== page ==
Transformative Learning. Even before we conducted this study, the MARL program included a variety of experiential activities that encouraged them to move out of their comfort zones. An example might be to meet with a member of the United States Congress or walk the narrow alleys of the medina section of a Moroccan city for the first time. These disorienting dilemmas cause stress and even panic, but they can give participants the opportunity to find meaning in the situation. Personal reflection and discussion with others in the group provide a whole new level of learning (Mezirow, 1991). Each experience was designed to simultaneously challenge and affirm participants.
The quantitative data compared the differences in the mean of EI scores of two cohorts – MARL Class 5 and Class 6. The analysis was done by administering pre- and post-assessments of participants using the Bar-On EQ-i. Developed by Reuven Bar-On (2006), the EQ-i is a self- reporting, skill-based model of EI. The instrument has been shown to be a strong predictor of success in increasing individual EI and is the most commonly used tool for measuring changes in EI.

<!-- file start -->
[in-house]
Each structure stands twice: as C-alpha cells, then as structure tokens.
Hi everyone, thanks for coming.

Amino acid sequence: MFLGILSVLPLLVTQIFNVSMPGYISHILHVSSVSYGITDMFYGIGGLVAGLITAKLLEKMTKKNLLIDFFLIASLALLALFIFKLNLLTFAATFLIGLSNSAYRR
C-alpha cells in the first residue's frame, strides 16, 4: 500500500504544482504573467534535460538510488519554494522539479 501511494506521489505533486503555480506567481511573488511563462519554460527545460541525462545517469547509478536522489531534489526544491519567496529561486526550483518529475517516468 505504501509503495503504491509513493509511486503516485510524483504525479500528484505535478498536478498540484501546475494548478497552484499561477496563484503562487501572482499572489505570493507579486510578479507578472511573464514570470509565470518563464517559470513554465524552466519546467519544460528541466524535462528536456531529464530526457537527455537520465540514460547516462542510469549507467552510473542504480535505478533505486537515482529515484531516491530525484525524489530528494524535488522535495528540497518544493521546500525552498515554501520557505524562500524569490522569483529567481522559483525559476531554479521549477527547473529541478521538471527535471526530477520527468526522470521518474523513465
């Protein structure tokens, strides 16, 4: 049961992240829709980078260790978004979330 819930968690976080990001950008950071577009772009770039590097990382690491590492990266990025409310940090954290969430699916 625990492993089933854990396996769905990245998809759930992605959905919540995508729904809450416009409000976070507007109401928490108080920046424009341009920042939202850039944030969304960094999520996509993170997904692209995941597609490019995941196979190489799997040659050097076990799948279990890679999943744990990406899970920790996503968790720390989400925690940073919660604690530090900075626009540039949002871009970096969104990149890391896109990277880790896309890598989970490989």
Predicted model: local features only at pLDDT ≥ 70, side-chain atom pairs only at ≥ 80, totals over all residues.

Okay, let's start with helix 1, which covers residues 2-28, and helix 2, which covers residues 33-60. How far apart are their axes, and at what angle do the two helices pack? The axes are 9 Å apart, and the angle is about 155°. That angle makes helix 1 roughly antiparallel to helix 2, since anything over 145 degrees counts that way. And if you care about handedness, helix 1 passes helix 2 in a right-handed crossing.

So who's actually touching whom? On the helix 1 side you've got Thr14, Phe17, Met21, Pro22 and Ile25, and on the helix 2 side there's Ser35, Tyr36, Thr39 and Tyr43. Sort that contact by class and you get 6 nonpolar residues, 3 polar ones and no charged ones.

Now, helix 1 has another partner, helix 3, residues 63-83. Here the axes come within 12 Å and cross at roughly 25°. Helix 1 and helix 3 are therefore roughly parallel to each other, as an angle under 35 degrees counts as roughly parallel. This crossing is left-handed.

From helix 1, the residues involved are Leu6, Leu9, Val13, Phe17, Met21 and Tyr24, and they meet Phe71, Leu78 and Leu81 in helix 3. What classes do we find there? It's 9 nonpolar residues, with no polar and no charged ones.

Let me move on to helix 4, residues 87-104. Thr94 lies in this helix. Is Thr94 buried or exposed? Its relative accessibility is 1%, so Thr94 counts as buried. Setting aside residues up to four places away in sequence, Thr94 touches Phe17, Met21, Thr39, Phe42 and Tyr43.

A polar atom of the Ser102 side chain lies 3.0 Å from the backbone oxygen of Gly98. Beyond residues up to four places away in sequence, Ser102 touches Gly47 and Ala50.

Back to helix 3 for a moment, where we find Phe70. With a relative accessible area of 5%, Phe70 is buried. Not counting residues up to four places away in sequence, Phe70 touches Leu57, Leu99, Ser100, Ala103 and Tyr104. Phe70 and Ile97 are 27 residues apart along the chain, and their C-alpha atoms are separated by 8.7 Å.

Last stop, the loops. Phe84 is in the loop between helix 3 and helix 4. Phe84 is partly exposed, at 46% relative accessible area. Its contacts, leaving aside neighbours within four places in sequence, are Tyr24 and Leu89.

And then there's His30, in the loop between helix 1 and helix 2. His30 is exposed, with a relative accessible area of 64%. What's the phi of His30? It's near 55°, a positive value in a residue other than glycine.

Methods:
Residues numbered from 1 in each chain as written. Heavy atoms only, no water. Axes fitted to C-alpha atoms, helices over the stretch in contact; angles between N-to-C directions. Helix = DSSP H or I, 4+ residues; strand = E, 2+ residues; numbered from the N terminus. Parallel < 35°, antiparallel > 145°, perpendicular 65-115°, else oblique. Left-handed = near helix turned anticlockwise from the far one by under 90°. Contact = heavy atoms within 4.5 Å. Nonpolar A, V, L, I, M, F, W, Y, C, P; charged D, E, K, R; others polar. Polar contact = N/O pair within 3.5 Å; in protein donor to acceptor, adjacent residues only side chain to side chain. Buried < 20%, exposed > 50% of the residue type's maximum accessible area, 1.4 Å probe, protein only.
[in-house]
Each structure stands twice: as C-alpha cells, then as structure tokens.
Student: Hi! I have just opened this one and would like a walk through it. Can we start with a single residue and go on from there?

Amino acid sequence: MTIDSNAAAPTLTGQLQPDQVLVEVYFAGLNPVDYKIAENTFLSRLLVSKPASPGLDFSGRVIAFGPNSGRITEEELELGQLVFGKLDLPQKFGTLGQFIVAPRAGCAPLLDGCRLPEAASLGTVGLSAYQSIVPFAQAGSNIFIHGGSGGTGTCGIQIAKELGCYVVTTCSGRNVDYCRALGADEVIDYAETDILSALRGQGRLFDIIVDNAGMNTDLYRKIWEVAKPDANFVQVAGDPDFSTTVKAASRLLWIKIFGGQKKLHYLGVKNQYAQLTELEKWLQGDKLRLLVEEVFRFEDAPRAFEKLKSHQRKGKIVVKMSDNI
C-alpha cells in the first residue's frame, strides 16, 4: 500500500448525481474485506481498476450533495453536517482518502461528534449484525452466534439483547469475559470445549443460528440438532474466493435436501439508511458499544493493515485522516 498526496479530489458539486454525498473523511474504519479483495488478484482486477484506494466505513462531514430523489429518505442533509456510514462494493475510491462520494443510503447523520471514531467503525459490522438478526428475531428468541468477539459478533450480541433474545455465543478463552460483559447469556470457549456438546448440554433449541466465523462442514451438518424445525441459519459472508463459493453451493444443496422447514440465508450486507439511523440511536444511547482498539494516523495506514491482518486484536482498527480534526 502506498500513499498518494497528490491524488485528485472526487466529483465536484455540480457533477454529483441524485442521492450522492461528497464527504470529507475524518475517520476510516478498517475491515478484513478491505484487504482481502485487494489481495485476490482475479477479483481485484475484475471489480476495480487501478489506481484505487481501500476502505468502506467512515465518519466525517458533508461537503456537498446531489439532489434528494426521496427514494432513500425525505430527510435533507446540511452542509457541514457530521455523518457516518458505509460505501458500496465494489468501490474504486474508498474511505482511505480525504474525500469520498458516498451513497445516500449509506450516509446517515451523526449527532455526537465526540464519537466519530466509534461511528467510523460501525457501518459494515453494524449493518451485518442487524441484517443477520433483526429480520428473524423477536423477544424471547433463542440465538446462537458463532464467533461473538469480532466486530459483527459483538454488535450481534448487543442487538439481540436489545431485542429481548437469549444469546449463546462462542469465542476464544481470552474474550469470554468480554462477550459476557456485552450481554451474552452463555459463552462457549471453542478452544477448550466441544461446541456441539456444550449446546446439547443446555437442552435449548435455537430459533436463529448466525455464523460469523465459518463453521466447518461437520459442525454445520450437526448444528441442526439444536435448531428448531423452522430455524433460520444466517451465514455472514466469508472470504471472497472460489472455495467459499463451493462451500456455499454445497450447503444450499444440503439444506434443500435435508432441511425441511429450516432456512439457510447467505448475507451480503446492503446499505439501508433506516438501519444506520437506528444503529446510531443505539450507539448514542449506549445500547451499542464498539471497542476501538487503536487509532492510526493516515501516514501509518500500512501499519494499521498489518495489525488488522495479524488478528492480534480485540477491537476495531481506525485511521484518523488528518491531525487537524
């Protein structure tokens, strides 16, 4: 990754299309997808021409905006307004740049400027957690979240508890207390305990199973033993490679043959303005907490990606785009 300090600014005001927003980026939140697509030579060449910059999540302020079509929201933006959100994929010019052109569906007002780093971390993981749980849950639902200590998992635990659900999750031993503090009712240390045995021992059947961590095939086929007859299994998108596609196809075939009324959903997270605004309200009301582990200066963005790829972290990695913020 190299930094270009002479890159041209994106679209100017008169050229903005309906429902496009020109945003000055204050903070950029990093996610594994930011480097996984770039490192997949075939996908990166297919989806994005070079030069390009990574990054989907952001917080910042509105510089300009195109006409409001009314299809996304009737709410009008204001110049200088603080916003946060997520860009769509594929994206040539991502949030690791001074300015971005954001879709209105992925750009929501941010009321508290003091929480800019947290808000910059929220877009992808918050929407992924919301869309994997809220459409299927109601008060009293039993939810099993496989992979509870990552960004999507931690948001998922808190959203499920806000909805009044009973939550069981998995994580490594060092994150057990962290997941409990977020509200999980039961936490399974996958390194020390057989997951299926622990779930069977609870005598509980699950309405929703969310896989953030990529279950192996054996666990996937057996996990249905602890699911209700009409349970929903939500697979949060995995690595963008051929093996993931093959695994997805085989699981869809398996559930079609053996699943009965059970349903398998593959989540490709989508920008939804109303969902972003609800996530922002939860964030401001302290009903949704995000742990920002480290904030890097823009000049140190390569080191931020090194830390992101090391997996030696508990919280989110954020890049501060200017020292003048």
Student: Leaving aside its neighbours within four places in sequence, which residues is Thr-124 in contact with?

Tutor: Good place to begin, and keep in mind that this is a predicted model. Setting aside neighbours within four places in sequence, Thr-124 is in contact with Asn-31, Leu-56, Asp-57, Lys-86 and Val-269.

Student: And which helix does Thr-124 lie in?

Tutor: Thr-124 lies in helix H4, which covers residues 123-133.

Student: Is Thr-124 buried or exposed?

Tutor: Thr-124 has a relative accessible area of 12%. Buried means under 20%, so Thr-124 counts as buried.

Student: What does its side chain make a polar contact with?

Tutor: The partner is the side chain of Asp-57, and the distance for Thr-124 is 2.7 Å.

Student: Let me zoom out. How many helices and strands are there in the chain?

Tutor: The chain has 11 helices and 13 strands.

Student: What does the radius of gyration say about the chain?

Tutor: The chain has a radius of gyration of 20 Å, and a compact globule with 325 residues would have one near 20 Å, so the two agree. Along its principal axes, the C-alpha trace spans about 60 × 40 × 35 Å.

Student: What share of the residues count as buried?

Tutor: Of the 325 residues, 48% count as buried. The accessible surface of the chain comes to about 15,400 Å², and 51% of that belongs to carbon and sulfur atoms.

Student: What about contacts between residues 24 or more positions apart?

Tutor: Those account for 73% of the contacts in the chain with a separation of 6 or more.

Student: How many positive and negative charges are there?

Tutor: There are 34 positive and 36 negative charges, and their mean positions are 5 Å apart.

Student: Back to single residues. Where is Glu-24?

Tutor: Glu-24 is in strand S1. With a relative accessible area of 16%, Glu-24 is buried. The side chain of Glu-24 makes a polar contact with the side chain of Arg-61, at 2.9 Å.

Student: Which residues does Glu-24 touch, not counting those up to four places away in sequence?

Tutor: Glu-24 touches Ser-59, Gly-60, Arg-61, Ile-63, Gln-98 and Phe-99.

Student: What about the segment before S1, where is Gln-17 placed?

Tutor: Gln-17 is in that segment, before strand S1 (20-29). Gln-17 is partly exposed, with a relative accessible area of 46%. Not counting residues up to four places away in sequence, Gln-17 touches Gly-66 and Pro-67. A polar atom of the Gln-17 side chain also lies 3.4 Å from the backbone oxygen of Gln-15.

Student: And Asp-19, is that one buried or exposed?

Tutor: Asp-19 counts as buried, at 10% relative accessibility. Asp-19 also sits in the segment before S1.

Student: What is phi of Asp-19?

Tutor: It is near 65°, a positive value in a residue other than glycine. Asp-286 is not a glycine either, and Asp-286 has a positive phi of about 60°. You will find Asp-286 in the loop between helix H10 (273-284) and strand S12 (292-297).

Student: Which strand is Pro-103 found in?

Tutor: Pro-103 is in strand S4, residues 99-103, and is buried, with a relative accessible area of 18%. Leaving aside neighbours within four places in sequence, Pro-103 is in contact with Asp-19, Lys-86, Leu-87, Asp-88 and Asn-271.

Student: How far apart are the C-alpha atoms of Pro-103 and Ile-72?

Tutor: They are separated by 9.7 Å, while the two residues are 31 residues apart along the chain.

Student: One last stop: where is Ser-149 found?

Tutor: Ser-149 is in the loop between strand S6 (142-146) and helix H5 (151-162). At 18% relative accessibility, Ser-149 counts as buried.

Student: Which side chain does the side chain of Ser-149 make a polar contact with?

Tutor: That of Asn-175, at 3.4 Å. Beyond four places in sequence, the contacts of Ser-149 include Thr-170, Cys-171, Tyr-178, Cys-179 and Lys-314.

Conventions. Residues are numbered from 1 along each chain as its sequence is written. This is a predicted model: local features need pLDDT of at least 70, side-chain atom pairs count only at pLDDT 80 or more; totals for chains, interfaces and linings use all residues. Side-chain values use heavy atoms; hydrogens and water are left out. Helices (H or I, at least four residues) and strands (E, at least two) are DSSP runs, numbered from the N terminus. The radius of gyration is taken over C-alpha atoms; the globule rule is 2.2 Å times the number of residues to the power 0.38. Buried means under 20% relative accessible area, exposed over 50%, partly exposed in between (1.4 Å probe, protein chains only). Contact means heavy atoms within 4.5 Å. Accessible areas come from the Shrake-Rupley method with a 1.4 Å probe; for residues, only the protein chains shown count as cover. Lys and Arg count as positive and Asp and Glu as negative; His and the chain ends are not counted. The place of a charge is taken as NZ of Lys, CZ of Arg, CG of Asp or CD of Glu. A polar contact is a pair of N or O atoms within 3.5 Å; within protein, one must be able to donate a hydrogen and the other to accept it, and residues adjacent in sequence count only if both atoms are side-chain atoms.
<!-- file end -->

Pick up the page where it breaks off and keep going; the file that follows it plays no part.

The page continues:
The EQ-i consists of 133 relatively short statements in which responses are provided on a 5-point Likert scale ranging from “Very often true of me” or “True of me” to “Very seldom true of me” or “Not true of me.” The EQ-i raw scores are converted into standard scores based on a mean of 100 and a standard deviation of 15 (Bar-On, 2006). The total EQ-i score breaks down into 15 subscales that are categorized into five composite scales: Intrapersonal, Interpersonal, Stress Management, Adaptability, and General Mood.
A total EQ-i score above 100 or a higher-than-average score on any individual composite or subscale implies stronger EI skills and is a positive predictor for effective functioning in meeting demands and challenges in that particular content area. A lower EQ-i score implies poorer EI skills and a reduced ability to be effective in meeting demands and challenges. (Bar-On, 1997)